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How to Grow String of Pearls Indoors or Outdoors

Caren White is a Master Gardener and instructor at Home Gardeners School. She has been associated with Rutgers Gardens for over a decade.

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I am constantly discovering new succulents. One of my new favorites is String of Pearls also called String of Beads because it looks like a string of beads with its round leaves.

What is String of Pearls?

String of Pearls (Curio rowleyanus) is a succulent vine that is native to the arid areas of Southwest Africa. In it native habitat, it grows as a ground cover, creeping along the ground to minimize exposure to the high heat of that area. Outside of its native area, it is usually grown in a hanging pot so that its vines can drape over the edges of the container.

The leaves which are the size (1/4 inch in diameter) and color of peas, are the plants’ most interesting feature. Their round shape allows them to store water, an important feature in an arid environment while at the same time, minimizing the surface area that is exposed to the dryness of the desert air. It also reduces the amount of surface are that is exposed to the sun which reduces the leaves’ ability to photosynthesize.

To make up for that reduction of surface area for photosynthesis, each leaf has a dark green band that is a translucent structure called an epidermal window. This window allows sunlight inside of the leaf so that there is more area to photosynthesize. Ingenious, if you ask me.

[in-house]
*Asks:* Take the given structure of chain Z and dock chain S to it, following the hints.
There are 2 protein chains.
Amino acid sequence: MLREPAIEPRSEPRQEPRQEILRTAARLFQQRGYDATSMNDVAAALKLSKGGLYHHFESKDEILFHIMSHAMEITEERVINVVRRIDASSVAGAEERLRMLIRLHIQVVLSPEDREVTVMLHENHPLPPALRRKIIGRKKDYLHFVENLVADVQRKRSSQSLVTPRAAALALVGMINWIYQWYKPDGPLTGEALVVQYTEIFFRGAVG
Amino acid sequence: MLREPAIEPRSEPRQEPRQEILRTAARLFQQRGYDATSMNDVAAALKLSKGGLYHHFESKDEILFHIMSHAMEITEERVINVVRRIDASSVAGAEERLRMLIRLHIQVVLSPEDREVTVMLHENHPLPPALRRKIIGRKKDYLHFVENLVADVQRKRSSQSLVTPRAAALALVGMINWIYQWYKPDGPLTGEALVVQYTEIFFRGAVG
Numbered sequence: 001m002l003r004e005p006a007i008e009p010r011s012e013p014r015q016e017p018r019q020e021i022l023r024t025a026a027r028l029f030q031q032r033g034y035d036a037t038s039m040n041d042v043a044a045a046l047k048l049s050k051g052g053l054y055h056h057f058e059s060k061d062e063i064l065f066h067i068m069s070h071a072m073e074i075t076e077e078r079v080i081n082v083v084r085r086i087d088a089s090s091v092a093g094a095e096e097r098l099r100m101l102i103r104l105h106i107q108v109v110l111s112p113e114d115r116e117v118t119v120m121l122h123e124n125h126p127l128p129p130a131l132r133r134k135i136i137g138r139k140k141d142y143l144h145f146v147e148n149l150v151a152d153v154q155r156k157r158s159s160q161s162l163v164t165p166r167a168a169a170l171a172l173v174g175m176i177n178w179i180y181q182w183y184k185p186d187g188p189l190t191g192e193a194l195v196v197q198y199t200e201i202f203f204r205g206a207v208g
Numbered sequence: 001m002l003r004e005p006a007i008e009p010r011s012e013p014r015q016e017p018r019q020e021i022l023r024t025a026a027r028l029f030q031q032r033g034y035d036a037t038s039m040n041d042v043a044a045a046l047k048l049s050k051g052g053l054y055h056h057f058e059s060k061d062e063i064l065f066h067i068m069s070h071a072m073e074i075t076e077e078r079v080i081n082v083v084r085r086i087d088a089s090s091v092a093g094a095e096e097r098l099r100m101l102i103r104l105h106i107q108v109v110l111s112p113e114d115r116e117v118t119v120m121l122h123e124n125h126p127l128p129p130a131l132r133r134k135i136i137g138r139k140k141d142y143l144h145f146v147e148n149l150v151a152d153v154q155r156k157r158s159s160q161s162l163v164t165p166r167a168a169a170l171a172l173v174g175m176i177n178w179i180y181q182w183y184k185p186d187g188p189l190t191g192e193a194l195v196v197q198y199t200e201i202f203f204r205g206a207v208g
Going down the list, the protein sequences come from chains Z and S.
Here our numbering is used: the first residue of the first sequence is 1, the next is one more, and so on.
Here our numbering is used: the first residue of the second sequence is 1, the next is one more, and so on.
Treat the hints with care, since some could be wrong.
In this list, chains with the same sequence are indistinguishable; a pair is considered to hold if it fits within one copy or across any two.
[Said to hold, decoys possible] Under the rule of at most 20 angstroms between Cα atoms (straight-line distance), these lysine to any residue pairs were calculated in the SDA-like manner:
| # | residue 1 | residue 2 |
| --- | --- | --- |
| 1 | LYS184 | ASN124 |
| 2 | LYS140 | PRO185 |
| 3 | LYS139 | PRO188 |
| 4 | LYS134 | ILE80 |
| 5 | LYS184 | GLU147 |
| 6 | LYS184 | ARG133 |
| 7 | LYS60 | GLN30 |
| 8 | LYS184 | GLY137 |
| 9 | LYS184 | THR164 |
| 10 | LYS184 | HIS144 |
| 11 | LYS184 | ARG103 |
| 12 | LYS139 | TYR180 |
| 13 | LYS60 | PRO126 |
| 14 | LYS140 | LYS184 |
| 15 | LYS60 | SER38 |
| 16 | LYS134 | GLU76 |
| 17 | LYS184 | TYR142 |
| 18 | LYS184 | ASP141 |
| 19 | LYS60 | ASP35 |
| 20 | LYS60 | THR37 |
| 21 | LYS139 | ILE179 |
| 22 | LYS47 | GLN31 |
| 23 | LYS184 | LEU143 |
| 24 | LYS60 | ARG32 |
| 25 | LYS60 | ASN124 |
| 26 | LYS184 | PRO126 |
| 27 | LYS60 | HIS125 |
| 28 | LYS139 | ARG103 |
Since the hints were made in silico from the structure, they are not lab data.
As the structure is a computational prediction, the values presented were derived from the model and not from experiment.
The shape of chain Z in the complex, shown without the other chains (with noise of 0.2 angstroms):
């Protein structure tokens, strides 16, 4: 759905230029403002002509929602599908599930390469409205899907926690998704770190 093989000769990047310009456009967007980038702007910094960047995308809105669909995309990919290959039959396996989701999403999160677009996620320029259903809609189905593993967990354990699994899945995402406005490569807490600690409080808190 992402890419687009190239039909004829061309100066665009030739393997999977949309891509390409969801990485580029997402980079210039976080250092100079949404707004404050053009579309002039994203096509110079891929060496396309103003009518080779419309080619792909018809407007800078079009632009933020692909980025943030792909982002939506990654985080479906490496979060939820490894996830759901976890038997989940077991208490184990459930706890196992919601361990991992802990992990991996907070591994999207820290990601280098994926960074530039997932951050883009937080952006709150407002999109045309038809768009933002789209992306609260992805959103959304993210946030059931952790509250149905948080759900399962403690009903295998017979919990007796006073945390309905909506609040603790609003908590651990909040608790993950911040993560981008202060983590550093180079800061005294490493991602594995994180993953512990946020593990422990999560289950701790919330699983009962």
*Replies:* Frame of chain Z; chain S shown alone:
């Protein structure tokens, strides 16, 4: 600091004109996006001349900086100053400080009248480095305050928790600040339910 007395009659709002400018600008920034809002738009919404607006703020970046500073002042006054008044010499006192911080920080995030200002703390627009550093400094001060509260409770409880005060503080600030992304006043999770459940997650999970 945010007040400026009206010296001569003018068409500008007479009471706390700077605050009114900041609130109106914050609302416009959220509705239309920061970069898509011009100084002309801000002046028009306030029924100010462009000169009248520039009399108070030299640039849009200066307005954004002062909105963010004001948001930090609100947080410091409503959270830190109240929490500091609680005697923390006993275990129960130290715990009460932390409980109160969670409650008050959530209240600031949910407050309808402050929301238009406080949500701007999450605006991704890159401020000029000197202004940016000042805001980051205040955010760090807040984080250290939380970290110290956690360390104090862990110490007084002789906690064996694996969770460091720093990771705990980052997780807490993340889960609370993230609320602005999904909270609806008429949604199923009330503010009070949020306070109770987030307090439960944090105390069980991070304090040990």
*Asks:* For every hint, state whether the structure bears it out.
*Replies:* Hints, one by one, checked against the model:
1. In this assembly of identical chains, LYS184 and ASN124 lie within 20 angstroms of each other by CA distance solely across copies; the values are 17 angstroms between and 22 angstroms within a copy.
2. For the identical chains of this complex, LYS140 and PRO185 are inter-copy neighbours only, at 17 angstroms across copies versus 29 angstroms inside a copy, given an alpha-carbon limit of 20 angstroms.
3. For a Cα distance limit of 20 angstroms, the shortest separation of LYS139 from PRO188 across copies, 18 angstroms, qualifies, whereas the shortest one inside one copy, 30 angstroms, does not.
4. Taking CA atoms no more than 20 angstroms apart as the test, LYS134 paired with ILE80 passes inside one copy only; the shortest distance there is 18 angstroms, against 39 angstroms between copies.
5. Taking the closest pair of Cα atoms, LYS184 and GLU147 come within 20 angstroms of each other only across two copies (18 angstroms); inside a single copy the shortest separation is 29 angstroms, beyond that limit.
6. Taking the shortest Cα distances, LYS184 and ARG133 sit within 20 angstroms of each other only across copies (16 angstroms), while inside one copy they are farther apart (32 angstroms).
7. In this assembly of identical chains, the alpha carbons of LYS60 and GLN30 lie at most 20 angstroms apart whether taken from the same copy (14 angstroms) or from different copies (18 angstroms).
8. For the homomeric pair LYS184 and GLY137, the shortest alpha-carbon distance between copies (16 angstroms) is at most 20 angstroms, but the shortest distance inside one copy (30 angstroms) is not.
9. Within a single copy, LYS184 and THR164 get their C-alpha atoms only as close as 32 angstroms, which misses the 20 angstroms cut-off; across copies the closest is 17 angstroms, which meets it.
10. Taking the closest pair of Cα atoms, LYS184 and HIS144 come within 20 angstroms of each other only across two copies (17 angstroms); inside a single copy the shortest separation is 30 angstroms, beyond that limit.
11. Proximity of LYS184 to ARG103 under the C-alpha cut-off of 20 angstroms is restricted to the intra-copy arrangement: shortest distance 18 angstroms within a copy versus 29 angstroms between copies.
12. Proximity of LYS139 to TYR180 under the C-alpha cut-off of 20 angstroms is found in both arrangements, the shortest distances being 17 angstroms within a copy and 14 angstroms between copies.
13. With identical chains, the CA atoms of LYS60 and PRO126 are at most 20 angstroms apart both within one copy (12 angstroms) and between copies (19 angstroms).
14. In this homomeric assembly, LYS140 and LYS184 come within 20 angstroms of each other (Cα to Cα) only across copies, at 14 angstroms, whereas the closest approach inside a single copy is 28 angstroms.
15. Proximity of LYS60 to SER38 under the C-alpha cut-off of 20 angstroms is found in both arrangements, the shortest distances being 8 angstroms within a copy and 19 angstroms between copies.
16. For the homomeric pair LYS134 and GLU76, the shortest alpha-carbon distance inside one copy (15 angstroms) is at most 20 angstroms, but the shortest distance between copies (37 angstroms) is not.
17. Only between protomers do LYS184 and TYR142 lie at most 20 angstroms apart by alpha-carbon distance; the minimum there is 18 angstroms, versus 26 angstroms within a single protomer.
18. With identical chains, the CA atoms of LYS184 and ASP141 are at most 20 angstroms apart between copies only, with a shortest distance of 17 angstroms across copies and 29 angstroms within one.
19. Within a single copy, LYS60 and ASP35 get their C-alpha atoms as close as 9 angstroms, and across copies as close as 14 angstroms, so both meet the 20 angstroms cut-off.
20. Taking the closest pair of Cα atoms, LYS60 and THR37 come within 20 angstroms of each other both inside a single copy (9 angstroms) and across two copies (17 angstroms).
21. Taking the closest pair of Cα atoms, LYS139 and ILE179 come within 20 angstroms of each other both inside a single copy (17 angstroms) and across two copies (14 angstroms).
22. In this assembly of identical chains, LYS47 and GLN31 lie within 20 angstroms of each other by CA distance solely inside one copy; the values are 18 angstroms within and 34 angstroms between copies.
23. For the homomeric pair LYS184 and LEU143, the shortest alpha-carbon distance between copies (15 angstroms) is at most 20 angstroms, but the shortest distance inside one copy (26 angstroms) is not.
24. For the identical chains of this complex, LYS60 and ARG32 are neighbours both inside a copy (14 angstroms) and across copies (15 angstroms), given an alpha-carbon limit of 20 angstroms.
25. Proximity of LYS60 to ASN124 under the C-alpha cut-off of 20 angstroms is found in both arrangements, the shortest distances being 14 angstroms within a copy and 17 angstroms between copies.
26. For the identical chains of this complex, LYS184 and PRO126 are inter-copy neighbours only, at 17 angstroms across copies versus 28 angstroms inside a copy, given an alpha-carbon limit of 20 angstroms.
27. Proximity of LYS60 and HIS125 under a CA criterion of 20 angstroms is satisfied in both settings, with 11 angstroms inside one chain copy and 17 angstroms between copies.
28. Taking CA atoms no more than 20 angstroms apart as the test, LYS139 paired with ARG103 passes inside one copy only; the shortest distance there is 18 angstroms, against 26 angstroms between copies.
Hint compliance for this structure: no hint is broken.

The leaves grow on 2 – 3 foot stems which creep along the ground. Wherever they touch the soil, they grow roots, eventually forming dense mats. The plants like to grow where they are shaded by rocks or other plants.

String of pearls is a member of the daisy family. Not surprisingly, its flowers look like tiny daisies. They grow in a compound shape and are often referred to as “disco balls”. They are only ½ inch in diameter and white with red stamens and yellow anthers. The flowers have a scent that is similar to cinnamon. Bloom time is in the spring. The flowers last about a month.

The flowers are followed by numerous seeds, each on a parachute type structure that helps it to be dispersed by the wind.

The leaves have a dark green stripe that is a window that allows sunlight to enter the interior of the leaves.

The leaves have a dark green stripe that is a window that allows sunlight to enter the interior of the leaves.

Is String of Pearls Poisonous?

The sap of string of pearls is toxic so you should not grow it anywhere that it is accessible by children or pets. Ingestion of the plant can result in vomiting and diarrhea in humans. In animals, the symptoms are vomiting, diarrhea, drooling and lethargy.

Always wear gloves when handling this plant. The sap can cause a rash from skin irritation.

When grown in the ground, the stems root and form mats.

When grown in the ground, the stems root and form mats.

How to Grow String of Pearls Outdoors

String of pearls is hardy in zones 9 – 12. In zones 9 and warmer, it can be grown outdoors year-round. You can grow it in the ground where it will form a mat or in a container where it will drape over the sides. It will need some shade. Try for a spot that only gets sun in the morning. Well drained soil is a must or this plant will develop root rot. Sandy soil is best. If grown in a container, use a potting soil formulated for cactus.